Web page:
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I Hate My New Neighbors…What Can I Do?

What do you do when you've found your dream home and you can't stand your neighbors? Follow these tips on how to handle neighbors you disagree with.

You’ve done it: found the dream home, secured the mortgage, and signed up theNeighbors moving van. Within a few short weeks, you’ll be fully unpacked and enjoying everything that life in your new house has to offer.

But what do you do if one of things your new life is offering is a neighbor you don’t like?

An estimated 2 out of every 5 homeowners claim that they have lived next to a “neighbor from hell” at some point or another. That number is equal to those who have had minor disagreements over things like pets, loud music after hours, invasions of privacy, and other noises that disrupt the peace. In other words, 40 percent of you have been unhappy with the people who share your neighborhood at some point or another.

Handling Disagreements with Neighbors

Everyone deals with this kind of stress in different ways. Although you can confront your neighbor face-to-face, this only works if you trust in your ability to calmly mediate and come to a mutually agreeable conclusion. Loud, angry behavior or even physically violent altercations can and do happen, so it’s important to ensure that you’re approaching your conflict of interest in a way that’s safe for everyone involved.

For the best results, consider the following steps:

  1. Calm Down: It’s rarely a good idea to confront someone in anger, so if your neighbor has upset you, take at least 24 hours to pause and reflect. By waiting until some of the emotion has fizzled away, you’ll be better able to find a solution that doesn’t make the situation worse.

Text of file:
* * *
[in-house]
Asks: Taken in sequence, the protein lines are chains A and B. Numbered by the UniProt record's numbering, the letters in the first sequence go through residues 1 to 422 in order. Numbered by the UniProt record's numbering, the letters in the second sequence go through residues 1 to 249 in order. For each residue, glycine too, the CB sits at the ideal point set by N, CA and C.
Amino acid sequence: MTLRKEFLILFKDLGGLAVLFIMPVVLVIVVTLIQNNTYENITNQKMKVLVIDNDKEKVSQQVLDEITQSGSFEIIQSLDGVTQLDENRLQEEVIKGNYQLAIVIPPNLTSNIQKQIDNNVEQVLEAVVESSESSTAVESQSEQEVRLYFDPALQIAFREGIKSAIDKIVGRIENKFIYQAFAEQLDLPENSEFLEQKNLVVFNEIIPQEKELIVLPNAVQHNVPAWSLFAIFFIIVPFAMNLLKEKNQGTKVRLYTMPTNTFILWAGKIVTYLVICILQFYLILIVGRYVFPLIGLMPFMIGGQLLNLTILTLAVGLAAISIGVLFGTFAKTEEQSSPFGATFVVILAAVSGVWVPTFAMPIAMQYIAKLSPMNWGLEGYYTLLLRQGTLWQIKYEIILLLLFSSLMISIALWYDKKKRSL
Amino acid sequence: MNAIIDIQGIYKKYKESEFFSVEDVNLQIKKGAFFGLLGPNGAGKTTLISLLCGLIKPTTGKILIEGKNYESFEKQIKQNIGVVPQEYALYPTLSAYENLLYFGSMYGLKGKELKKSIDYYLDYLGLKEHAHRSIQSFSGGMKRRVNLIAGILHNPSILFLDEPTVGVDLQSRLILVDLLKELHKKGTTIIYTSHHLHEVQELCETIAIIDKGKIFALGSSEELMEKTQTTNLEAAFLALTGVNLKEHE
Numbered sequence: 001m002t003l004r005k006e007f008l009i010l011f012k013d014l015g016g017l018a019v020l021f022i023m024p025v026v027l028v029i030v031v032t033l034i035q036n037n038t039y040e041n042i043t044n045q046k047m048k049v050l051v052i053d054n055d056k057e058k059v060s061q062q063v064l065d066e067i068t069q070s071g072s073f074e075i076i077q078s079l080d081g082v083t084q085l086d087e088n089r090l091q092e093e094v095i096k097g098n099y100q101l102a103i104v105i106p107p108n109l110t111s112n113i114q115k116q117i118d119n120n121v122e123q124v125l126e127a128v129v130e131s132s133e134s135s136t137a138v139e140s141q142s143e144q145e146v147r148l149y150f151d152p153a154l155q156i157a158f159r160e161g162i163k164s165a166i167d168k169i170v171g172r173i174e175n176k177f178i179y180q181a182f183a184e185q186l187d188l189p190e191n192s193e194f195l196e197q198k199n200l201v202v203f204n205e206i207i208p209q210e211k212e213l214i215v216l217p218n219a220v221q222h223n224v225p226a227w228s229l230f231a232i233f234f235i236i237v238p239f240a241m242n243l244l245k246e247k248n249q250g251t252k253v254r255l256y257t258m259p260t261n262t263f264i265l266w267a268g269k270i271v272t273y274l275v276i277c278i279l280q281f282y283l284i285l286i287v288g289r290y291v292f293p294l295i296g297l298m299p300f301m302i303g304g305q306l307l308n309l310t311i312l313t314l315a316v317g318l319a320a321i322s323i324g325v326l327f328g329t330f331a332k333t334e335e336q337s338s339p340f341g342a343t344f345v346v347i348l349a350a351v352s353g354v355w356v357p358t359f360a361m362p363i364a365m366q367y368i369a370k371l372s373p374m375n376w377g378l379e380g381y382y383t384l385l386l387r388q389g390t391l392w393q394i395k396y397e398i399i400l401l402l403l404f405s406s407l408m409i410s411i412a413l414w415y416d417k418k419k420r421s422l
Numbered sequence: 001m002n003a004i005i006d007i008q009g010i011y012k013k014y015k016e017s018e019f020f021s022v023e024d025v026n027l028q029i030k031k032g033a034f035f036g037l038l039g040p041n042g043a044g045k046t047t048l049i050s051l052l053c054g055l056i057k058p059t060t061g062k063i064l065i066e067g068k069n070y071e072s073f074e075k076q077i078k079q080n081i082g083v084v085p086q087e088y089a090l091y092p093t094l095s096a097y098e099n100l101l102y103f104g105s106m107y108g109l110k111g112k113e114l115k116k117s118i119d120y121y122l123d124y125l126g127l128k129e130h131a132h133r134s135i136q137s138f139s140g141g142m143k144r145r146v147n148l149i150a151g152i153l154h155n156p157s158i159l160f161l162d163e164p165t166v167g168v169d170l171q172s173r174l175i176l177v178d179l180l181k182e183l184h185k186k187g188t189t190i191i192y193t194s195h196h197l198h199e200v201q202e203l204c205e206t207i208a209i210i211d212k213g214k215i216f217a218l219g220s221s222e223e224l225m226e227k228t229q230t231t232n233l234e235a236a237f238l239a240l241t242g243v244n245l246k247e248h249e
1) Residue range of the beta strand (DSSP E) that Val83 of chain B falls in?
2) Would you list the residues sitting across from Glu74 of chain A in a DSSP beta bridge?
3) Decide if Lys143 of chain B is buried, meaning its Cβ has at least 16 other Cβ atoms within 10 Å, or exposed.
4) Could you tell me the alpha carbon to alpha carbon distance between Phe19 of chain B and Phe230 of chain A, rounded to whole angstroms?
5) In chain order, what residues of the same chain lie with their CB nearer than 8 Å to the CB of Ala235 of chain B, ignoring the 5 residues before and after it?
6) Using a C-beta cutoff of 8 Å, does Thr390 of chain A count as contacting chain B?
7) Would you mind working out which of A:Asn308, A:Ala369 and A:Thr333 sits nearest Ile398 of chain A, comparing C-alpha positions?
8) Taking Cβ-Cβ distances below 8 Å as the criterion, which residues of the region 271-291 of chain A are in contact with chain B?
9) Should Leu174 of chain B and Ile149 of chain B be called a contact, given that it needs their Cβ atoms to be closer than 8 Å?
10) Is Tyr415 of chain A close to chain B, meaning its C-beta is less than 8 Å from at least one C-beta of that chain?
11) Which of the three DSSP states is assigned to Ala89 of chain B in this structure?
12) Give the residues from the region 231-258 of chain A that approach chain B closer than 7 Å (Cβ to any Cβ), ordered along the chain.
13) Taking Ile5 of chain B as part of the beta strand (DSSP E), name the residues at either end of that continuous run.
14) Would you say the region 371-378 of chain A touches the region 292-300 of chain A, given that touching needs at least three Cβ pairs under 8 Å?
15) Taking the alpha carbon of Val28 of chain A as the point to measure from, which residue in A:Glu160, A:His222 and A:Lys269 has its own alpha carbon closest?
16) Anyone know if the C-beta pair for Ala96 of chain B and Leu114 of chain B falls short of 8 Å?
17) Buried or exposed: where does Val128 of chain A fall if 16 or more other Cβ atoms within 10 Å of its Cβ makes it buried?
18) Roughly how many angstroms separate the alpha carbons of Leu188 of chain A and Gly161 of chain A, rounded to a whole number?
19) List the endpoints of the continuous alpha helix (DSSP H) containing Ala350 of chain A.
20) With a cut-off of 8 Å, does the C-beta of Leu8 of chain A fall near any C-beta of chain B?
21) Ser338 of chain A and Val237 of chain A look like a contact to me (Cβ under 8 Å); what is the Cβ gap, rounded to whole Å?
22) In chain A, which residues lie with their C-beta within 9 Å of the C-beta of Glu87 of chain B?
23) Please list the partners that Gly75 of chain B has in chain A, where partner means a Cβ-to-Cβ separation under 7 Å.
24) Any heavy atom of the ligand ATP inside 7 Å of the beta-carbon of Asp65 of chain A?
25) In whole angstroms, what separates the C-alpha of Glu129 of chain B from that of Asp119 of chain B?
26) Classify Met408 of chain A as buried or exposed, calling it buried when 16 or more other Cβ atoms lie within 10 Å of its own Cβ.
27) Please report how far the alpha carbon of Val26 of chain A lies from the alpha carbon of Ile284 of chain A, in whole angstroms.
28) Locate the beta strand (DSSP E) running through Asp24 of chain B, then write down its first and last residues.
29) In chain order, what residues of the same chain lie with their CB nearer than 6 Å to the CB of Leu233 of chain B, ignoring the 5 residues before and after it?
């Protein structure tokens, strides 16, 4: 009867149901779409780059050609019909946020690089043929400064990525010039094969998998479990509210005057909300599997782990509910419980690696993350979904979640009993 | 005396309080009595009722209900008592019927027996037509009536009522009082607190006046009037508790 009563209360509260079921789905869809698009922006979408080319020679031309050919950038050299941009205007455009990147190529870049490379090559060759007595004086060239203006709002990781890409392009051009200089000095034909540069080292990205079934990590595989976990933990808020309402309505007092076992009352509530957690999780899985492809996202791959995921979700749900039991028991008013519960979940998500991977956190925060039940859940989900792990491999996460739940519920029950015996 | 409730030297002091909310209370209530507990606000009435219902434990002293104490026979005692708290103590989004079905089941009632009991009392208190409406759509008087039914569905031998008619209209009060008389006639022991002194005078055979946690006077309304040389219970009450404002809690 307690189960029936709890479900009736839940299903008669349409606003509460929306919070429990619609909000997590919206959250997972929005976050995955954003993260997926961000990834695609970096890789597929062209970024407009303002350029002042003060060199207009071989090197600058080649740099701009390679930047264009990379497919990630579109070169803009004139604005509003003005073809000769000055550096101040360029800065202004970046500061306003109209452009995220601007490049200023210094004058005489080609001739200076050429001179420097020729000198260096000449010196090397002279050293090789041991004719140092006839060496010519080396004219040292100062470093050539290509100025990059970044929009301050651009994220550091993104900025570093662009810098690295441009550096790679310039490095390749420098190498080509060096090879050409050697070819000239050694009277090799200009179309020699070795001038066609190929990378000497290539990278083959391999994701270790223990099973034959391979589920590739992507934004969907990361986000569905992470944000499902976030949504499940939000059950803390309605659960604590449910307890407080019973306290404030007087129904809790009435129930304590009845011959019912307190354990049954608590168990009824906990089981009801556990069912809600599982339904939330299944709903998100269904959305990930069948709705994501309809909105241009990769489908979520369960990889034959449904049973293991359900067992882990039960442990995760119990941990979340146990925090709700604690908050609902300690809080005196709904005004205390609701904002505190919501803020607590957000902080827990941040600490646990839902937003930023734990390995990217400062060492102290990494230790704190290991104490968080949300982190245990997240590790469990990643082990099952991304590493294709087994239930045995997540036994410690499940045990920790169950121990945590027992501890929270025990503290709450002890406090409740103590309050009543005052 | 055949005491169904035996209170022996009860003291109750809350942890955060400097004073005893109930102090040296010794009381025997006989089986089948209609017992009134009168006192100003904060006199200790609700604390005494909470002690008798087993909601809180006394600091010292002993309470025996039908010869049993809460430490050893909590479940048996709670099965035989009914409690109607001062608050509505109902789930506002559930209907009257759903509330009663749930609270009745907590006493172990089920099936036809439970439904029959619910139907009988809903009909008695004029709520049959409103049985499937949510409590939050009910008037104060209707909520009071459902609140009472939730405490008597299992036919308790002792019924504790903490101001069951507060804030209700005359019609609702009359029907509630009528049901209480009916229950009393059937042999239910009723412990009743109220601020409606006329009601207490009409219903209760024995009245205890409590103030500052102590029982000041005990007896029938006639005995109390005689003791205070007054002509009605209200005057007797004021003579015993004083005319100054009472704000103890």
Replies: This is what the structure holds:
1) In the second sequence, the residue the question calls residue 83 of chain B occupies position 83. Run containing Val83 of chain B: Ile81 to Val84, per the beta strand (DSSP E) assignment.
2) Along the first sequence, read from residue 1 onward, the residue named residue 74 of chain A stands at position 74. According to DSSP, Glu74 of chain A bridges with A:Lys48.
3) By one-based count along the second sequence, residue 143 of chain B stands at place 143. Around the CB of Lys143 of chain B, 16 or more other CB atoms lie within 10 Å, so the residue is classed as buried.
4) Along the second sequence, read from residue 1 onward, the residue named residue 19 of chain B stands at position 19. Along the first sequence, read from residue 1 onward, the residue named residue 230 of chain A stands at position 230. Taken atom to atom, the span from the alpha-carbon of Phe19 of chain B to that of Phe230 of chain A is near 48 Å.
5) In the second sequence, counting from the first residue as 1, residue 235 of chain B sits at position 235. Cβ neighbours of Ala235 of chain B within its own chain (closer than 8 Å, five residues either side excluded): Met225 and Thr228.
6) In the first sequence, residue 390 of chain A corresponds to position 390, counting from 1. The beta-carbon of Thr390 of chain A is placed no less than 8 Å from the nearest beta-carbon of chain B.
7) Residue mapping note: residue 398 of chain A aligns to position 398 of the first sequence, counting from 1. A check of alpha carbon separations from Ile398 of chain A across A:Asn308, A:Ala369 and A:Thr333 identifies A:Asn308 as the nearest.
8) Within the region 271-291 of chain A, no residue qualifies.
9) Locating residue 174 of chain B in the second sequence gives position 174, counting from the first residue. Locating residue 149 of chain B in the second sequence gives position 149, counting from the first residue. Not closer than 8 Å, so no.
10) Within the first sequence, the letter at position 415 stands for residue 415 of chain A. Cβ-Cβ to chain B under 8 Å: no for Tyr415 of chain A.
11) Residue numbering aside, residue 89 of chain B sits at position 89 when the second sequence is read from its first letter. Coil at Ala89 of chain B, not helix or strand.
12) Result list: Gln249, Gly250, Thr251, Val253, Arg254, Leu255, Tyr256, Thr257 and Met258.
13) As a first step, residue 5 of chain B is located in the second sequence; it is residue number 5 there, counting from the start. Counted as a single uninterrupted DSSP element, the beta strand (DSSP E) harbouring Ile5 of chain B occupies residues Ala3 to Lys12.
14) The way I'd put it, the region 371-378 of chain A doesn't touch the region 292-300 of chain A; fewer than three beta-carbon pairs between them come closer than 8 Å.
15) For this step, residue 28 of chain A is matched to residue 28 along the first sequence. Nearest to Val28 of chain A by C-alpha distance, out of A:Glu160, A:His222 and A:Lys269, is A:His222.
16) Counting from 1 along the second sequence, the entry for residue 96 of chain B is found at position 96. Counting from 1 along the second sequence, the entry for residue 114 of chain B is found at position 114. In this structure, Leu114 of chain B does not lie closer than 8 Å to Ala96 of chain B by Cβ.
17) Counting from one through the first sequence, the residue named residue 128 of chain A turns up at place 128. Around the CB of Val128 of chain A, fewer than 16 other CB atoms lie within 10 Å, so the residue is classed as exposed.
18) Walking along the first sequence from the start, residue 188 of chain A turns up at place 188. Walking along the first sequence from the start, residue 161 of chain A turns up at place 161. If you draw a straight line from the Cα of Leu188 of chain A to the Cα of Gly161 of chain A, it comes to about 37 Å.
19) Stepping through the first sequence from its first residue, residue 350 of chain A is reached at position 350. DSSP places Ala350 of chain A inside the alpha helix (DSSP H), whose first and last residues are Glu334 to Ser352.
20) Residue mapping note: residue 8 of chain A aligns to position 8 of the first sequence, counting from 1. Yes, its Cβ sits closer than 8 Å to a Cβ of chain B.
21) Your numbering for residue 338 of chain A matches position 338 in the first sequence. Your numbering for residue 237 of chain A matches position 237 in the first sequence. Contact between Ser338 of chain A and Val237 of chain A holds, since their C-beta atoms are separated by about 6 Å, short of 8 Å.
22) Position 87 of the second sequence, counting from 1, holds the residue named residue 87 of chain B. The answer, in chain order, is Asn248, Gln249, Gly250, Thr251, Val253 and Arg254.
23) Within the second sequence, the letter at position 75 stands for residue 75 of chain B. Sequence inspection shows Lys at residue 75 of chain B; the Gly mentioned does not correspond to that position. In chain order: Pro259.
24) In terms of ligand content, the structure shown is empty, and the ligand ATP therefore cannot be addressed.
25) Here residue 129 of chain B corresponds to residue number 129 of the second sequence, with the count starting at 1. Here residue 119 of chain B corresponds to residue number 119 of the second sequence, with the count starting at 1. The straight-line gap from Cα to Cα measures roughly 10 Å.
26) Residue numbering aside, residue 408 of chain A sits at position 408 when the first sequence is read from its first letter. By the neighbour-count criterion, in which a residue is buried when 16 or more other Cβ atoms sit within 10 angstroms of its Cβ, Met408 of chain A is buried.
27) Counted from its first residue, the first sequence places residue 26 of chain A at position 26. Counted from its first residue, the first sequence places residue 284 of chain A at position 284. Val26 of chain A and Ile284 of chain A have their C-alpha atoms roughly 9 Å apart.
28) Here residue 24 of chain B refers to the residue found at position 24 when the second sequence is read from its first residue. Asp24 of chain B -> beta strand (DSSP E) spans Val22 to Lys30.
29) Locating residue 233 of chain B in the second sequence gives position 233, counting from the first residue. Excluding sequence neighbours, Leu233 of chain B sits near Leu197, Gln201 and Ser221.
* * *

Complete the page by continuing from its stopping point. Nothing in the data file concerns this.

2. Give the Benefit of the Doubt: One late night of partying doesn’t necessarily mean your peace is gone for the rest of your life. Consider letting the first incidence go as a gesture of goodwill. If there’s a repeat occurrence, then you can consider a confrontation.
  3. Know Your Rights: There may be noise ordinances and good neighbor laws unique to your city, county, or even HOA. Know what the regulations for your area are so you can make your case in a way that’s difficult to dispute.
  4. Strength in Numbers: If you’re disturbed by a neighbor’s actions, chances are someone else in the neighborhood is, too. Check in with others to see if they’re willing to stand by you. (And if they’re not, it might be time to consider whether or not you’re overreacting to the situation.)
  5. Document their Behaviors: If your neighbor repeatedly acts out, make sure you keep track with well-documented evidence (you can keep a logbook or catch actions on video). This way, if you do end up going to the police, you’ll have something concrete to show them.
  6. Involve Authorities: Twenty-five percent of homeowners have called the police on their neighbors before, so you’re not alone in resorting to the authorities. Know, however, that unless there are drugs or violence involved, they won’t be able to do much. In most cases, they’ll diffuse a potentially dangerous situation and then recommend mediation.

Avoiding Conflict in the First Place

Of course, the best thing you can do is avoid conflict in the first place. Start by being a good neighbor yourself: get to know your neighbors, hold an open house, check in to see if they need any help, and keep your yard in good repair. By setting a good example and becoming someone people feel comfortable turning to for help, you may be able to keep many of the more common neighborhood complaints at bay.

For more information on what bad neighbor facts, check out this infographic from North American Moving Services.

 

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